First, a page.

Sunday, December 5, 2010

steampunky tubes

I have had another hiatus away from the blog, this time due to a relocation to Maastricht, to work on an exciting new research project at the Virtual Knowledge Studio. I'll write more about that another time, but this snowy Sunday afternoon, I thought I would write about something that has been on my mind for sometime: steampunk!

Older pneumatic tube systems have long been associated with steampunk culture - all those knobs and brass and gorgeous ornate, futuristic detailing:

I have always liked this aesthetic dimension to pneumatic tube systems, an aesthetic that was first introduced to me by my sister's partner Jarek. What has prompted me to write about it today are two publications: the most recent edition of Neo-Victorian Studies, completely devoted to the topic; and a series of blogposts by lord_k on Dieselpunks, here, here and here. The latter is a well-researched essay in three parts, filled with photos and the mention of a number of books and films where pneumatic tubes are actors (many added to my reading list).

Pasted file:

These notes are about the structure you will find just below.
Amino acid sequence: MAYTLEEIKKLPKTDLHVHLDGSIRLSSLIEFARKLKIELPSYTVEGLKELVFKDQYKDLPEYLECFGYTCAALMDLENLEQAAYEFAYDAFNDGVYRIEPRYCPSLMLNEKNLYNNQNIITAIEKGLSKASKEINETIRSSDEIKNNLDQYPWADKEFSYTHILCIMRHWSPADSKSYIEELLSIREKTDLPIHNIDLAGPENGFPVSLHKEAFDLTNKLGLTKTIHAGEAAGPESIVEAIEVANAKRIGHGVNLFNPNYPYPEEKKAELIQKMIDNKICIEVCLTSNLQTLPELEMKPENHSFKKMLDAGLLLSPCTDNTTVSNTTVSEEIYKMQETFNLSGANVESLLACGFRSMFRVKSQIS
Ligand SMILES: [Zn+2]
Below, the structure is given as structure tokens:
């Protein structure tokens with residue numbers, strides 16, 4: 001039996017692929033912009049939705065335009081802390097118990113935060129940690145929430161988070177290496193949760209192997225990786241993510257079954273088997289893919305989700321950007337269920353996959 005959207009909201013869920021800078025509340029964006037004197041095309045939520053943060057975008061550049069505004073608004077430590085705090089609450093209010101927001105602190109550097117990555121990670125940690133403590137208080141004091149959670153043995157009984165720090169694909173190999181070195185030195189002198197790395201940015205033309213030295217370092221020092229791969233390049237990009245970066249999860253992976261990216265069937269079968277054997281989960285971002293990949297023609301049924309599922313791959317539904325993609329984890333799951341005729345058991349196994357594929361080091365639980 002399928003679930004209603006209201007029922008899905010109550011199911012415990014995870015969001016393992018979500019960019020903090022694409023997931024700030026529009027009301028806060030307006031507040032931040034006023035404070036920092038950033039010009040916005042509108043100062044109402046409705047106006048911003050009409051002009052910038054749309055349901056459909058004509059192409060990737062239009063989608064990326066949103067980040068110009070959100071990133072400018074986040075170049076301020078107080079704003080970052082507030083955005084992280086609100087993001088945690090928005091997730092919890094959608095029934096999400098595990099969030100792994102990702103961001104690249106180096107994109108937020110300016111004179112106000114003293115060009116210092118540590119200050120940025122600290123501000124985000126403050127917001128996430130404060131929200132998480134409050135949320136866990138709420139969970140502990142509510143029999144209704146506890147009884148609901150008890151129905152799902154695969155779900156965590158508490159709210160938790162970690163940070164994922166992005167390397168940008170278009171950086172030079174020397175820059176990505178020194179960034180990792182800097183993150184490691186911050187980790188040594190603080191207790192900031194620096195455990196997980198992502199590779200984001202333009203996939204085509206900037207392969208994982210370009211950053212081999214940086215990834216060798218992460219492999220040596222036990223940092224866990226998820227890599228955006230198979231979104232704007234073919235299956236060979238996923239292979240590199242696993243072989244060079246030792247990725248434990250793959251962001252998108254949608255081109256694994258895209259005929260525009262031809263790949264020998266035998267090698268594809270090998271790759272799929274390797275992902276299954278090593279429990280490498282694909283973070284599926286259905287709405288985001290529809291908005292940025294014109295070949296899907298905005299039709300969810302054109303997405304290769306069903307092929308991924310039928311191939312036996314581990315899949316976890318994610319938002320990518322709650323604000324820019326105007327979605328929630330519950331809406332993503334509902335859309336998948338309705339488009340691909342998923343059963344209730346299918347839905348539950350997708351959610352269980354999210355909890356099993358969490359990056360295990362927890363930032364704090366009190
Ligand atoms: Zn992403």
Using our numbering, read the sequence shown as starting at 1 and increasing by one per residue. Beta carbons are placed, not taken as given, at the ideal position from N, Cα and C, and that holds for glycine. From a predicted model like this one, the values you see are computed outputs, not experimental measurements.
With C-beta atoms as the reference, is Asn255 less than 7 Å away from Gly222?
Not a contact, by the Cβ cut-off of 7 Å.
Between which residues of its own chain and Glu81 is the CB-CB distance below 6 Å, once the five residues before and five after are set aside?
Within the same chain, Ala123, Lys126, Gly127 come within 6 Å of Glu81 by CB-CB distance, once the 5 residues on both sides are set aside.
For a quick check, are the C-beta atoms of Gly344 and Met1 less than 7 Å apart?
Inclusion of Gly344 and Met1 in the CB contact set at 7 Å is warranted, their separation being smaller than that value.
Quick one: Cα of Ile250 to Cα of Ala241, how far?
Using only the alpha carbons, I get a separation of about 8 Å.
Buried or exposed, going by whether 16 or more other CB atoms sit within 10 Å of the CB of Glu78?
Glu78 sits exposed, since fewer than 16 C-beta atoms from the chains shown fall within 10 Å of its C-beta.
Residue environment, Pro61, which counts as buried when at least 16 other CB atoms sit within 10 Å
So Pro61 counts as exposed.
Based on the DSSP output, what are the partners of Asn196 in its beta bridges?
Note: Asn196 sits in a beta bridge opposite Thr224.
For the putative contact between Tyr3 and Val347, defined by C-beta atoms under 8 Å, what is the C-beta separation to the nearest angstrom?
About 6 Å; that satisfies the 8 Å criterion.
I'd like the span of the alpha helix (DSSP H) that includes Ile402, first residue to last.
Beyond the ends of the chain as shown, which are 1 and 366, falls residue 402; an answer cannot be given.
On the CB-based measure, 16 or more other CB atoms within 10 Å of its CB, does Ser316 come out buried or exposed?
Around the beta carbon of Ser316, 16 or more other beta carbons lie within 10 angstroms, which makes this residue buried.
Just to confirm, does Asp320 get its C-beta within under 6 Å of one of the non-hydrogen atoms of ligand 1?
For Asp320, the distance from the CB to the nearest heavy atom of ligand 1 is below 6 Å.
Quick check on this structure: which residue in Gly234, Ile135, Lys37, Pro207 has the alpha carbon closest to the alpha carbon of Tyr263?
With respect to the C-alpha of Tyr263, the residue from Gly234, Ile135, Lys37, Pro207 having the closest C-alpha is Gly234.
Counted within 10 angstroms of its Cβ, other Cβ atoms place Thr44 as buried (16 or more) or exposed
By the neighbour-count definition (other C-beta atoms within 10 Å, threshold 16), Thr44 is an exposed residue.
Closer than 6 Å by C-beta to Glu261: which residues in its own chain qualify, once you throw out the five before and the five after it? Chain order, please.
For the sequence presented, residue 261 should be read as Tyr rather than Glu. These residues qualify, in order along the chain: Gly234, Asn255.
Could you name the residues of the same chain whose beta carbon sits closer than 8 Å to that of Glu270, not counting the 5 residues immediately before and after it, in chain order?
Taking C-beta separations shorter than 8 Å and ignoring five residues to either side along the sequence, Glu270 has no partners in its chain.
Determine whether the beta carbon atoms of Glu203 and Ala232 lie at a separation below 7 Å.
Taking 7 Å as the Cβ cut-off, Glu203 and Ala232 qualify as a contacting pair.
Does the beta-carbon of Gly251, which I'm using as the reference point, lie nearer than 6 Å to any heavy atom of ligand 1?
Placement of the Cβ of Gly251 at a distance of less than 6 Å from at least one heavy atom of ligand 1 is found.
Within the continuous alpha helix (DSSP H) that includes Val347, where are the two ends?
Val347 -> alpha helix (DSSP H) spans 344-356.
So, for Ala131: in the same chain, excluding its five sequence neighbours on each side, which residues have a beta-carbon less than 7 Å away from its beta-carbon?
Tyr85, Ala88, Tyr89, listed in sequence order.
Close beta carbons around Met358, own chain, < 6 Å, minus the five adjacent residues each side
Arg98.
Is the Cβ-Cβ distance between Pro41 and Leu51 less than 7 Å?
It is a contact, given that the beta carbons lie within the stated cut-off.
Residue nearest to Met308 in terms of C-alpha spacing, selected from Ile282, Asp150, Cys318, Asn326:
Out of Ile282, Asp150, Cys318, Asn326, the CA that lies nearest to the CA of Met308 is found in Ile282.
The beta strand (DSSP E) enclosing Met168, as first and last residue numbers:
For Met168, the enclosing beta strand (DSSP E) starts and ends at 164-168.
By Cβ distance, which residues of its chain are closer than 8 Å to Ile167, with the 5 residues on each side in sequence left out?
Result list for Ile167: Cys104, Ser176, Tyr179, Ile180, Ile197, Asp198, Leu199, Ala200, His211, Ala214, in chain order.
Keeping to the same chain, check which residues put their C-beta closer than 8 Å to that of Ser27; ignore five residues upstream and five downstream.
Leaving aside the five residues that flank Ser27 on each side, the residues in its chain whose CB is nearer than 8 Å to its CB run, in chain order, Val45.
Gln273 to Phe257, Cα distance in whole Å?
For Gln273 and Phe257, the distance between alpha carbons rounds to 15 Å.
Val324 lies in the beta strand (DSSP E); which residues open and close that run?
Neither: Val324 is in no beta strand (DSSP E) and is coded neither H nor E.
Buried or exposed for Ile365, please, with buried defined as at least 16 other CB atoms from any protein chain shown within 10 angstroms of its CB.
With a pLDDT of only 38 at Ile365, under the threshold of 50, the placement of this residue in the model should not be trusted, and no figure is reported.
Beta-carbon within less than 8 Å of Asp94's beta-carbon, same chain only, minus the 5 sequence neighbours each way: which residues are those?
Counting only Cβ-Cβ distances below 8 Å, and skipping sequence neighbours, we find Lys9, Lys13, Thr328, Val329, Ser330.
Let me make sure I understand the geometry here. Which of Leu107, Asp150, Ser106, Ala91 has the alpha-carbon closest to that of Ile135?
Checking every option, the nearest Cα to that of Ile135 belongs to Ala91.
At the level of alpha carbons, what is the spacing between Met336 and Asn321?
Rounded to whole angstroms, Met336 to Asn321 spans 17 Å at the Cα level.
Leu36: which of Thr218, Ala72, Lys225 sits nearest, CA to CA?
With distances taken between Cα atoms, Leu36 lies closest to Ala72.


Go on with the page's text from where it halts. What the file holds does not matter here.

Contemporary hospital pneumatic tube systems have retained little of the steampunk vibe, with all of their plastic and duct-tape-able parts. But the fact that these systems are now computerised does not necessarily prevent a few steampunk elements being introduced (see this steampunk workshop site for a fantastic post about how to build a steampunk computer).

For those interested in medical museums, Thomas
Söderqvist has written about steampunk medical objects on his blog Biomedicine on Display, and there is a current exhibition at the The Charles River Museum of Industry and Innovation and past exhibition at the Museum of the History of Science worth checking out.

Images from wikimedia commons, flikr (falling_angel) and steampunk workshop.

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